"All those who have persisted have found strength not ordinarily their own. They have found wisdom beyond their usual capability. And they have increasingly found a peace of mind which can stand firm in the face of difficult circumstances. We discover that we do receive guidance for our lives to just about the extent that we stop making demands upon God to give it to us on order and on our terms. Almost any experienced A.A. will tell how his affairs have taken remarkable and unexpected turns for the better as he tried to improve his conscious contact with God. He will also report that out of every season of grief or suffering, when the hand of God seemed heavy or even unjust, new lessons for living were learned, new resources of courage were uncovered, and that finally, inescapably, the conviction came that God does "move in a mysterious way His wonders to perform."
P 105. AA 12 and 12
"All of us, without exception, pass through times when we can pray only with the greatest exertion of will. Occasionally we go even further than this. We are seized with a rebellion so sickening that we simply won't pray. When these things happen we should not think too ill of ourselves. We should simply resume prayer as soon as we can, doing what we know to be good for us. Perhaps one of the greatest rewards of meditation and prayer is the sense of belonging that comes to us."
Bill Wilson wrote those words 15 years or so into his recovery and he obviously included himself when he said "All of us without exception." When I realized that I was not going to do it perfectly and that I did not have to do it perfectly, I could trust God and put Him in charge. I could trust that HP knows what He is doing and that there are going to be times when I just plain do not like where I am at in recovery. I can still trust God. I can remember then that the last time I felt great it did not last forever and so it stands to reason that feeling lousy will not last forever either. I trust that I will start to feel better and that I do not need to think too ill of myself. I can and will start doing what is good for me when I can.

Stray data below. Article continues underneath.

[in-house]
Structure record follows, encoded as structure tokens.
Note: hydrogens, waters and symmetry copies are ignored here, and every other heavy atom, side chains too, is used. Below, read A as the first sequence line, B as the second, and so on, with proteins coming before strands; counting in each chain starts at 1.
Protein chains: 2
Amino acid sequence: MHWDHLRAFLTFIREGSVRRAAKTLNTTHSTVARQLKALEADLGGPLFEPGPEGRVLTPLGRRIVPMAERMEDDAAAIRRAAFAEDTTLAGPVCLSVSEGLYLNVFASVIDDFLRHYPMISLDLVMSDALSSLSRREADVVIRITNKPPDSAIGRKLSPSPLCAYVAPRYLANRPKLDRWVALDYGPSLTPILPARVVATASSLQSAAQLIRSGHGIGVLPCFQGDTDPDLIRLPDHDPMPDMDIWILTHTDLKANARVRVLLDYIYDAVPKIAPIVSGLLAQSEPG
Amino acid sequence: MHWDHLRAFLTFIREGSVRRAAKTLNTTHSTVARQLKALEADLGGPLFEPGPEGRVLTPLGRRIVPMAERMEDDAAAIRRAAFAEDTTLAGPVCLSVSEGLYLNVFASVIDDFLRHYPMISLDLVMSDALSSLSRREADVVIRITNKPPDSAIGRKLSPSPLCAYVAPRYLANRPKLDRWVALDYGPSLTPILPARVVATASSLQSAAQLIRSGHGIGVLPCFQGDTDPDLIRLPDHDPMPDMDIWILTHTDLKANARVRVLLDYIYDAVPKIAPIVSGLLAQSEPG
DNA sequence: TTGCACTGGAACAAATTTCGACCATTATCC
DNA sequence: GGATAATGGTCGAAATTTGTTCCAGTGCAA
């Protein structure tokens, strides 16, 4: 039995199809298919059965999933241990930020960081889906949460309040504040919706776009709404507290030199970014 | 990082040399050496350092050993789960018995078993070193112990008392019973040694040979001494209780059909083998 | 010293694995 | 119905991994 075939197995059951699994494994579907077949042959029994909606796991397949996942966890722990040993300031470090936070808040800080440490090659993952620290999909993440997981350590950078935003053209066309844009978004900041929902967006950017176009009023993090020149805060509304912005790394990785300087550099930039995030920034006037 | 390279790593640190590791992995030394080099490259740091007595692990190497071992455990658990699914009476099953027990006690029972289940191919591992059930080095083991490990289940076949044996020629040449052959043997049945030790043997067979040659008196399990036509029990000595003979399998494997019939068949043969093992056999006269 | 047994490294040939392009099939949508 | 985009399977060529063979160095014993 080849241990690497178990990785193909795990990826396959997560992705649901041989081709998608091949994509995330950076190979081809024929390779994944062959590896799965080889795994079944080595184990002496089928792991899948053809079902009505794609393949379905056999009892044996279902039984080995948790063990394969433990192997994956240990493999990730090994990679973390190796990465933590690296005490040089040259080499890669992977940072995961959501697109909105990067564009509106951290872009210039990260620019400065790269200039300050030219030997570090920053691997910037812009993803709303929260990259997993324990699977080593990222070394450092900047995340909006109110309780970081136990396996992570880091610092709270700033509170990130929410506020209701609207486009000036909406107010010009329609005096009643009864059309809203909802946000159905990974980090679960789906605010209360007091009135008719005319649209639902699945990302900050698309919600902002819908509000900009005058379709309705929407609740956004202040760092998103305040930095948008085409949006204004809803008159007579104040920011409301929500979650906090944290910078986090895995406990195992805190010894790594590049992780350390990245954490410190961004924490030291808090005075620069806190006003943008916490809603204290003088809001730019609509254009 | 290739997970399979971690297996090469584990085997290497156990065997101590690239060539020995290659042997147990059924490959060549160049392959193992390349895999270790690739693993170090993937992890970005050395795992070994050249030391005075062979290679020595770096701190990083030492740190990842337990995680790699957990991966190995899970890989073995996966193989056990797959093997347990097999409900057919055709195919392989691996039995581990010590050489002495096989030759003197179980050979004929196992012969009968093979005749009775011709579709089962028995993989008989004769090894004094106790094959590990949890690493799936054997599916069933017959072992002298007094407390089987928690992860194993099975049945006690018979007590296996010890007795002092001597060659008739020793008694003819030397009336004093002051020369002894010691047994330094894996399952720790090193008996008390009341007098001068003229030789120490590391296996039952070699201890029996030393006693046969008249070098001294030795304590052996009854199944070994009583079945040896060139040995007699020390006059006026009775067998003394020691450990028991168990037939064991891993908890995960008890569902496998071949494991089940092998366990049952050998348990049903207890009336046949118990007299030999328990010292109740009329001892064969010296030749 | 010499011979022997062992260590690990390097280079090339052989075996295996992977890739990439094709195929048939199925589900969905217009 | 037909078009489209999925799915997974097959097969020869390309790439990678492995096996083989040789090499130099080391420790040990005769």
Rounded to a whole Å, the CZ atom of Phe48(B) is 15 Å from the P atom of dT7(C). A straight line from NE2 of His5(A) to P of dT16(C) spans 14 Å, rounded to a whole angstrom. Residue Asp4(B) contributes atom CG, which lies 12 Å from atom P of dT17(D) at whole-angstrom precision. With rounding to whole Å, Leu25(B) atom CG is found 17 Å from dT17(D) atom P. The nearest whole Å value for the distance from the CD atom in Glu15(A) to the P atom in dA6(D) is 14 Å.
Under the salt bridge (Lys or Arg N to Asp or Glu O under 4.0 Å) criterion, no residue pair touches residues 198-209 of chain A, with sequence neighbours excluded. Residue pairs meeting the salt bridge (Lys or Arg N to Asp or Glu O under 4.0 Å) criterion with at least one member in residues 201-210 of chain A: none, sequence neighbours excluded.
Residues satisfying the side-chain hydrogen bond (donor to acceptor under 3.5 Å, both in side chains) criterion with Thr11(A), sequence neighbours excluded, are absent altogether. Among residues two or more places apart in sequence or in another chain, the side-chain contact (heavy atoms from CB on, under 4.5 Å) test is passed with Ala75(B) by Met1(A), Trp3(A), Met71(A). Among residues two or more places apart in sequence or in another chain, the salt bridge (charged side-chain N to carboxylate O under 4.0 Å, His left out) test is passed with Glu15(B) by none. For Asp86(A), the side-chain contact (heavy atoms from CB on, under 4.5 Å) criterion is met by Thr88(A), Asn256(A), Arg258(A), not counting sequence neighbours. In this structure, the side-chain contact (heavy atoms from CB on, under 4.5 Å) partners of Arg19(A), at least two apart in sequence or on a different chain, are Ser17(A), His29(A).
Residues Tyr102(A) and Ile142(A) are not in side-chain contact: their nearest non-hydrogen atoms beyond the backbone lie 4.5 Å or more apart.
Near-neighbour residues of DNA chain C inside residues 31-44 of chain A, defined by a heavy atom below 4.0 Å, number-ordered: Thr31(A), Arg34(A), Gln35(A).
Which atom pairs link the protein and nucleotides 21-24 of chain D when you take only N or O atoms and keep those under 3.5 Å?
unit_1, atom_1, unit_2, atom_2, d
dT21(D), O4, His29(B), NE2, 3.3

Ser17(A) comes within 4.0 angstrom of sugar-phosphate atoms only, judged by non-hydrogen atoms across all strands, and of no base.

"We know that God lovingly watches over us. We know that when we turn to Him, all will be well with us, here and hereafter."
"It works...it really does. Try it. We alcoholics are undisciplined. So let God discipline you in the simple way we have just outlined. But that is not all. There is action and more action. "Faith without works is dead. What works? We shall treat them in the next chapter which is entirely devoted to step twelve"
I cannot stay abstinent without this step. I practice it in conjunction with step 10 in the morning, throughout the day when I get stressed and start to second guess myself and at night before I go to bed. It keeps me centered and living in the solution rather than in the problem. It puts distance between food as a "substance" and me. It puts me closer to Godís intention for me on this earth and my higher purpose.
I cannot do this alone and I need the power of something Higher.
I wrote the times in my life when I experienced the presence of a loving caring God. I wrote everything that I could remember, down to the most minute detail. From that writing I was able to see how God was in my life and communicated with me during my life. It helped to facilitate a dialogue and make a more tangible and personal God. That was an extremely integral and important exercise in my conscious contact with God. I came to rely totally on that HP who has not EVER steered me wrong.
Please read chapter 12 in the AA and OA 12 and 12 and Working With Others in the Big Book for next weekís step twelve.
- What are the different ways you have found to meditate?
- Do you have a personal relationship with HP? Please share as much as you would like.
- Are you tempted to pray for specific outcomes to situations for yourself or other people?
- How come they did not say that, but instead said, His will for us and the power to carry that out?
- How does step 11 make a difference to your recovery and freedom from food obsession?